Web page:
Edwin Outwater Conducts the SF Symphony
Friday, July 2, 2021
Davies Symphony Hal
Sunday, July 4, 2021
Stern Grove Festival
Edwin Outwater conducting
San Francisco Symphony
JOHN WILLIAMS (arr. Riggio)
Olympic Fanfare and Theme (Bugler's Dream)
Pavanne from American Symphonette No. 2
Cathedrals, from All Things Majestic
Saturday Night Waltz and Hoedown, from Four Dance Episodes from Rodeo
Reflection on a Memorial
GEORGE GERSHWIN (orch. Ferde Grofé)
Rhapsody in Blue
Aaron Diehl piano
JOHN PHILIP SOUSA
The Stars and Stripes Forever
The July 4 concert at Stern Grove is presented in partnership with
A truly visionary conductor, Edwin Outwater regularly works with orchestras and institutions throughout the world, producing, curating, and conducting unique concert experiences. He is equally adept at interpreting canonical works, and he regularly premieres new commissions and connects audiences with repertoire beyond the mainstream.
Recent guest conducting highlights include the New York Philharmonic, Philadelphia Orchestra, New World Symphony, and the orchestras of Baltimore, Chicago, Seattle, Toronto, Victoria, and the Kitchener‐Waterloo Symphony, where he currently holds the position of Music Director Laureate. In April 2020, Mr. Outwater was appointed Music Director of San Francisco Conservatory of Music, where he began his tenure in September 2020. International appearances include performances with the Tokyo Metropolitan Orchestra, Tokyo Symphony, Brussels Philharmonic, BBCNOW, New Zealand Symphony, Adelaide Symphony, Malmö Symphony, Mexico City Philharmonic, and the Hong Kong Sinfonietta.
Mr. Outwater’s recent curations include “Sound Health,” a collaboration with soprano Renée Fleming, the Kennedy Center, and the National Institutes of Health; and a jazz version of Mussorgsky’s Pictures at an Exhibition, with Wynton Marsalis, the Jazz at Lincoln Center Orchestra, and the Chicago Symphony. He also appeared with the Orchestra of Saint Luke’s at Carnegie Hall in a concert for families featuring a world premiere of composer Caroline Shaw, narrated by actor John Lithgow.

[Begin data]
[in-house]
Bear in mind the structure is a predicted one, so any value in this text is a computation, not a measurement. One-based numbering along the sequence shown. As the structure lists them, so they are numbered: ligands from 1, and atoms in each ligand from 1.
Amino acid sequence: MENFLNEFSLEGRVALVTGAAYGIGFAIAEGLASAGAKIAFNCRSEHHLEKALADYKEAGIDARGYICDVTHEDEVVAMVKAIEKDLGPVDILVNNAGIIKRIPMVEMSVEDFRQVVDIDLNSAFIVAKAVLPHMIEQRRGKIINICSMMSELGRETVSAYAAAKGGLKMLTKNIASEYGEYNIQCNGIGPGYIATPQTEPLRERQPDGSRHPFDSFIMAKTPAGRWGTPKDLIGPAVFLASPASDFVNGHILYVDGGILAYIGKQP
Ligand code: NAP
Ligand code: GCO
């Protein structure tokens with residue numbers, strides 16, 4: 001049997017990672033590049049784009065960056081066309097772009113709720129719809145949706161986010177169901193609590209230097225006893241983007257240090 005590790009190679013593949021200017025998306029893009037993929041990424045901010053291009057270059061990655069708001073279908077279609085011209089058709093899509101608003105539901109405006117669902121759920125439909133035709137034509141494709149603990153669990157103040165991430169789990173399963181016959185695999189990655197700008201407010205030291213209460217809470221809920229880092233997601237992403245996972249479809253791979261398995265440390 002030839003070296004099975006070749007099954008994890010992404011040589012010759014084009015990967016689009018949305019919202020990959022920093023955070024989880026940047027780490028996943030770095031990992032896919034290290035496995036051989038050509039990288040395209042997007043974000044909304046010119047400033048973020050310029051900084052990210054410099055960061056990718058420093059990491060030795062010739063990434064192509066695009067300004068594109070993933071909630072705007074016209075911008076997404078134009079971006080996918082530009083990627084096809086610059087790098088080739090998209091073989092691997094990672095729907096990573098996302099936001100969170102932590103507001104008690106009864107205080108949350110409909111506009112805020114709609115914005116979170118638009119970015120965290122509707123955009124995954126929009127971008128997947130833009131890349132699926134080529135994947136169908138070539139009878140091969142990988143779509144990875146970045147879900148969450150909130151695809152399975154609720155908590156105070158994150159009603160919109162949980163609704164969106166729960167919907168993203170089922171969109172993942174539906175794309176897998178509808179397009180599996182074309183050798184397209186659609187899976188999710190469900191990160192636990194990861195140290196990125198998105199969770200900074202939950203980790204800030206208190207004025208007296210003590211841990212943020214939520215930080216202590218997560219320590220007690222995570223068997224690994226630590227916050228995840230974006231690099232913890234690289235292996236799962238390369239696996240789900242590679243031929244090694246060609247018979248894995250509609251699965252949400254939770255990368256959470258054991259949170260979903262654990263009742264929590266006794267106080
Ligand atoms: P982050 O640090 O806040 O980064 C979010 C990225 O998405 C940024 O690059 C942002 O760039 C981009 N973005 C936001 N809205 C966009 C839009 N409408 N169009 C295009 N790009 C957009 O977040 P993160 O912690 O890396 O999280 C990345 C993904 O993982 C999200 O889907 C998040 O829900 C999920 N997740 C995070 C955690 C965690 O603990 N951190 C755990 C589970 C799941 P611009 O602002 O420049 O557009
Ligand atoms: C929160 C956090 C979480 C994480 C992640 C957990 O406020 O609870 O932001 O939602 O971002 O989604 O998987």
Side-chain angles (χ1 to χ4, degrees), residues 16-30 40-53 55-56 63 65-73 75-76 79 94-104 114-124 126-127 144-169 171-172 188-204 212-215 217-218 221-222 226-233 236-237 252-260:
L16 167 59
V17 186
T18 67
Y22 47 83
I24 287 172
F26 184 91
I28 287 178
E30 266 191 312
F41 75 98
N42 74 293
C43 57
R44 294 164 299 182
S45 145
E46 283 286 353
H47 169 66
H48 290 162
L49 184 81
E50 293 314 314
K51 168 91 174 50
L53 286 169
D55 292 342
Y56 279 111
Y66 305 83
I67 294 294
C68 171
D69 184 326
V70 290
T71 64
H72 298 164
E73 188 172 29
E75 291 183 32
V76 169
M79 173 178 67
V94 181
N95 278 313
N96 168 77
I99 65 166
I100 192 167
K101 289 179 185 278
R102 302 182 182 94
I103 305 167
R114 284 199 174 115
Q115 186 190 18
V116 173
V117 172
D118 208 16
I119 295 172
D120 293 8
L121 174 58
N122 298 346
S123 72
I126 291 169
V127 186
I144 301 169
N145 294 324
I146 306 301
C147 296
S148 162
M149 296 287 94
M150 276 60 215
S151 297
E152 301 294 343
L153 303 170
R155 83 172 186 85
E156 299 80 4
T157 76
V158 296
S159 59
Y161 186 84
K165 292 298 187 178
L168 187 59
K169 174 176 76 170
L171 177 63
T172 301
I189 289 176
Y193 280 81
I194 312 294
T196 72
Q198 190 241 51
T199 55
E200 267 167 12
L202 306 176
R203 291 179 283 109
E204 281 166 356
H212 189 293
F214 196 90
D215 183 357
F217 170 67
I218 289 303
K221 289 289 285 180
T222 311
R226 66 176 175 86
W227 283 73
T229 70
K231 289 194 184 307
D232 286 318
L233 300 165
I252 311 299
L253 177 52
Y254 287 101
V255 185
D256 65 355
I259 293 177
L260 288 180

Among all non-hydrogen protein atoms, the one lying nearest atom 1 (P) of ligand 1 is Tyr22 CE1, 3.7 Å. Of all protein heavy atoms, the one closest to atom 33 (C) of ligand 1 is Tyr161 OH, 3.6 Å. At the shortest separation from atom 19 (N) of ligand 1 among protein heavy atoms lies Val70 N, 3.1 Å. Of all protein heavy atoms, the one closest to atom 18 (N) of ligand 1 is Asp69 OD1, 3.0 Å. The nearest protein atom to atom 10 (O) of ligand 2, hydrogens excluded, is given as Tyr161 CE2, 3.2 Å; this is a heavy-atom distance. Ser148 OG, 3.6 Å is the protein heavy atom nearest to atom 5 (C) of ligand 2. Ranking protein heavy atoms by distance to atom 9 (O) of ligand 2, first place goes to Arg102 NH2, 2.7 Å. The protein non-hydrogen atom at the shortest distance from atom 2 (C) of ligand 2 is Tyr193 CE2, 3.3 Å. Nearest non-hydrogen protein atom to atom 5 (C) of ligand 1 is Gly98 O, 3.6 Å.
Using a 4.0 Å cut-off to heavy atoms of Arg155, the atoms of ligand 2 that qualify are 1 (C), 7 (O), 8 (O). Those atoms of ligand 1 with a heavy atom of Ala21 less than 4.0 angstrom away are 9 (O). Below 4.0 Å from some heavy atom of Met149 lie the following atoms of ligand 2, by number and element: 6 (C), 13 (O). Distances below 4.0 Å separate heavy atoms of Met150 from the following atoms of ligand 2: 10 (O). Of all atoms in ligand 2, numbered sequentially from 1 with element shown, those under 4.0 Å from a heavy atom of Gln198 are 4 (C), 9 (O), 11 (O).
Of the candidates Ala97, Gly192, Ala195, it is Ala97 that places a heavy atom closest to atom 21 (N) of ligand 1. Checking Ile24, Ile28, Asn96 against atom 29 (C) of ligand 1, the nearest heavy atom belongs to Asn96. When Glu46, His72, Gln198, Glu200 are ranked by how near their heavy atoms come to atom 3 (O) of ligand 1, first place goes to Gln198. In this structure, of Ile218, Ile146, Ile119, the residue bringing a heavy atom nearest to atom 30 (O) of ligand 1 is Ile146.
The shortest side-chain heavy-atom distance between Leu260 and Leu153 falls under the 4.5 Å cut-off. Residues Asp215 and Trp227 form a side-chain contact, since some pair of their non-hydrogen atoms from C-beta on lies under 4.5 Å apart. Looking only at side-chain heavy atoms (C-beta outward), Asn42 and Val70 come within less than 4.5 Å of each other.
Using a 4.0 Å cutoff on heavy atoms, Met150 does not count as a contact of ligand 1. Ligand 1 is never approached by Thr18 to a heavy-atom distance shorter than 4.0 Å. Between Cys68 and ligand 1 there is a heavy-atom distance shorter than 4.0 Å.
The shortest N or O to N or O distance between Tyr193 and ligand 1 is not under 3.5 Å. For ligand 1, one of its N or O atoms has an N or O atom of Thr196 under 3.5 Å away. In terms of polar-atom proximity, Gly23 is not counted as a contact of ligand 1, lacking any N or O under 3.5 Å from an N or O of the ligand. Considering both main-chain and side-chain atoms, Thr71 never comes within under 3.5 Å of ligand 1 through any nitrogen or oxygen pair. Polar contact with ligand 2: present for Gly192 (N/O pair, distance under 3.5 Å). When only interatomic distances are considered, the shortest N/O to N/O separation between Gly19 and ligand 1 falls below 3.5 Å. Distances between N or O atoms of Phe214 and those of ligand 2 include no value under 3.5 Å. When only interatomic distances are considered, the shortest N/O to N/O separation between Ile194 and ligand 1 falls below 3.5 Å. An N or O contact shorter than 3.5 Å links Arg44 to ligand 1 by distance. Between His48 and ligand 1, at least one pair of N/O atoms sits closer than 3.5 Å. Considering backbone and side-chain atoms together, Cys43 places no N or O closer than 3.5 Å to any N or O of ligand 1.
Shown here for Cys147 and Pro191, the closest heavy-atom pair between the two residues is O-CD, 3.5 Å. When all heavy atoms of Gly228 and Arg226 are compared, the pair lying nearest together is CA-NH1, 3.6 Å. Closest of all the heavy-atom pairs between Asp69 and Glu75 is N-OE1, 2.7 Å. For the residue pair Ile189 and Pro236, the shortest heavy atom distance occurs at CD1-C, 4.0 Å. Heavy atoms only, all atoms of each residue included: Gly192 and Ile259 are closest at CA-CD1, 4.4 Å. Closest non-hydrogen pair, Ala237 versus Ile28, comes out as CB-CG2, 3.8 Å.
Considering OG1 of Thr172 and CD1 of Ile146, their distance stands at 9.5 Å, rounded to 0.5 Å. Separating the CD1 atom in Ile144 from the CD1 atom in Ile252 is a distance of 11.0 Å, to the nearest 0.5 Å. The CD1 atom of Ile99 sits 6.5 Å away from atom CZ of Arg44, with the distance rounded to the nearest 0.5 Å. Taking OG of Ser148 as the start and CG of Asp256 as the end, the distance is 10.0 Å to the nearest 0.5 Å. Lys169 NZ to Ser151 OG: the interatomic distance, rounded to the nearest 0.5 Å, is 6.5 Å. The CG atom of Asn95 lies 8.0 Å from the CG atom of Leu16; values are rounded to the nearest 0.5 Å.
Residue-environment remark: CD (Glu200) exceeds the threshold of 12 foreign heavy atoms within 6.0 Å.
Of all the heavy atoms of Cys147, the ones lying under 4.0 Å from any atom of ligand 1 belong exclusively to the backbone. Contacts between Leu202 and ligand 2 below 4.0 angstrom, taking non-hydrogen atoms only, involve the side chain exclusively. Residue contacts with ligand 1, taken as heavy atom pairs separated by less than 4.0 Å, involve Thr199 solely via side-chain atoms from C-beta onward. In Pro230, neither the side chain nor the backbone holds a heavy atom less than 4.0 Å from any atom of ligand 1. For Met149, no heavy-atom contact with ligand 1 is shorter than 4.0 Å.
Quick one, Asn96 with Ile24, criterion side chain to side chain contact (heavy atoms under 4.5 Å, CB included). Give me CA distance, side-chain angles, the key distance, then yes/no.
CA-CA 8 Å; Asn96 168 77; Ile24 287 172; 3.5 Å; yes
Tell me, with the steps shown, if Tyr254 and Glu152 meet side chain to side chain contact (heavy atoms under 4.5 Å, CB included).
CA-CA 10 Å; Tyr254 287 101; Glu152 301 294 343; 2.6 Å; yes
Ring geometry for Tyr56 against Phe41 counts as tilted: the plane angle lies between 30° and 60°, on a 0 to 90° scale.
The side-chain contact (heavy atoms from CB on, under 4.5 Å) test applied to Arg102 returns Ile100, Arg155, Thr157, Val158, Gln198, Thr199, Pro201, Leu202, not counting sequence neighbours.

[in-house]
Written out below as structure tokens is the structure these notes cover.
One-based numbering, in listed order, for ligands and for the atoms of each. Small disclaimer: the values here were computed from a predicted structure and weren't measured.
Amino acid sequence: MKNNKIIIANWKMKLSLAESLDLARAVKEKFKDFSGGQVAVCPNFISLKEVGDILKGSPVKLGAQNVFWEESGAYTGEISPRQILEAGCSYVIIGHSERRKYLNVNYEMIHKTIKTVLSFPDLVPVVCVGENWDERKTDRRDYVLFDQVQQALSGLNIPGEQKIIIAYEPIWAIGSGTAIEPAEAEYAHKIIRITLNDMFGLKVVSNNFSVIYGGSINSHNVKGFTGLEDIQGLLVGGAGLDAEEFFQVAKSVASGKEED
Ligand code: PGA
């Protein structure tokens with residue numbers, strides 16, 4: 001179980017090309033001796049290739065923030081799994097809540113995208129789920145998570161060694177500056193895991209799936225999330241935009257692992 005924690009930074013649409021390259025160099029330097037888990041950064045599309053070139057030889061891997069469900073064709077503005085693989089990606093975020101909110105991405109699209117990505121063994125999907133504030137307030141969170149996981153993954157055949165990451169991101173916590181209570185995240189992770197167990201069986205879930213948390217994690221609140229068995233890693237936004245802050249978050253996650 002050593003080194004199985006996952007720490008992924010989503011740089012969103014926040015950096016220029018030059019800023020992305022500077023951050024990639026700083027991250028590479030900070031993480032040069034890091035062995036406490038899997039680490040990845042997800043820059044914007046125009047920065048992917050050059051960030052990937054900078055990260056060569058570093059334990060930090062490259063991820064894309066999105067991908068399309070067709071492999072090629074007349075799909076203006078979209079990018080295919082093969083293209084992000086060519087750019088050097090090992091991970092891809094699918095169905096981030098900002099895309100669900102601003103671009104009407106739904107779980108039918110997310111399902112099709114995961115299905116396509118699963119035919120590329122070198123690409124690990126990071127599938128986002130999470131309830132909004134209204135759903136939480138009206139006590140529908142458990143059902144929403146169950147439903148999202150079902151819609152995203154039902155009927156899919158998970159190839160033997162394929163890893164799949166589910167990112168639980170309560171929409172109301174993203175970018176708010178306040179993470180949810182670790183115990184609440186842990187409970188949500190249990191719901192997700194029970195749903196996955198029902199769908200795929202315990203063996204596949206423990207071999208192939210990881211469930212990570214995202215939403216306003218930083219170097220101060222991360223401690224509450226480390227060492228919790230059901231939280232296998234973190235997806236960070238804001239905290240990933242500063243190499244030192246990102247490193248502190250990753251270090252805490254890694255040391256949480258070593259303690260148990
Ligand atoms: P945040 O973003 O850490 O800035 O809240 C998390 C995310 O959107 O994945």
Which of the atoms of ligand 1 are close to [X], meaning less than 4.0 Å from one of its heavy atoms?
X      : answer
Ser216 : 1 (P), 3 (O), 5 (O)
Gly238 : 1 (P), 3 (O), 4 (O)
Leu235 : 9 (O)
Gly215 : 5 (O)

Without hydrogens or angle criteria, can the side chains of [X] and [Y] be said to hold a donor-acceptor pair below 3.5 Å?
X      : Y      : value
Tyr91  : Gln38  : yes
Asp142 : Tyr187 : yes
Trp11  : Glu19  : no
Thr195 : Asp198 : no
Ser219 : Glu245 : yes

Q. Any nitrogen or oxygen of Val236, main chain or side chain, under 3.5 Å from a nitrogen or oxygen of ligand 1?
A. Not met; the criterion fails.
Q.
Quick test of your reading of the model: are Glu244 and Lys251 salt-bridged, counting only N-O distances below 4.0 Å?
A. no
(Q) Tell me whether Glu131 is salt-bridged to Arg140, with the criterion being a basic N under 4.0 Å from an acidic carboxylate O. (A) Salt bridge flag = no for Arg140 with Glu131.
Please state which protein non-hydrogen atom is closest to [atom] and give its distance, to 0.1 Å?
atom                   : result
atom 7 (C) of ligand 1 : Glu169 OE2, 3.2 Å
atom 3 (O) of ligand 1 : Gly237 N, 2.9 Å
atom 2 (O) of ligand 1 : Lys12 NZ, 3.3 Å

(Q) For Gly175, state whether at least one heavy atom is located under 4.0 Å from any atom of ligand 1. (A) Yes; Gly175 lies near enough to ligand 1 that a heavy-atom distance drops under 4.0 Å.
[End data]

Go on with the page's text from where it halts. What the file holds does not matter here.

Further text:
Recent highlights of Mr. Outwater’s twenty-year association with the San Francisco Symphony include a hugely successful collaboration between the Orchestra, Mr. Outwater, and legendary metal band Metallica at San Francisco’s new Chase Center arena. He also regularly conducts and curates the Symphony’s SoundBox series and Holiday Gaiety, an LGBTQ holiday concert he created with drag performer Peaches Christ. For more information visit edwinoutwater.com.
Pianist and composer Aaron Diehl mystifies listeners with his layered artistry. Following three critically-acclaimed leader albums on Mack Avenue Records—and live appearances at historic venues from Jazz at Lincoln Center and the Village Vanguard to New York Philharmonic and the Philharmonie de Paris—the American Pianist Association’s 2011 Cole Porter Fellow now focuses his attention on what it means to be present within himself. His forthcoming solo record promises an expansion of that exploration in a setting at once unbound and intimate.
Born in Columbus, OH, Mr. Diehl traveled to New York in 2003, following his success as a finalist in JALC’s Essentially Ellington competition and a subsequent European tour with Wynton Marsalis. His love affair with rub and tension prompted a years-long immersion in distinctive repertoire from Thelonious Monk and Maurice Ravel to George Gershwin and William Grant Still. Still in particular inspires Mr. Diehl’s ongoing curation of Black American composers in his own performance programming, unveiled this past fall at 92nd Street Y.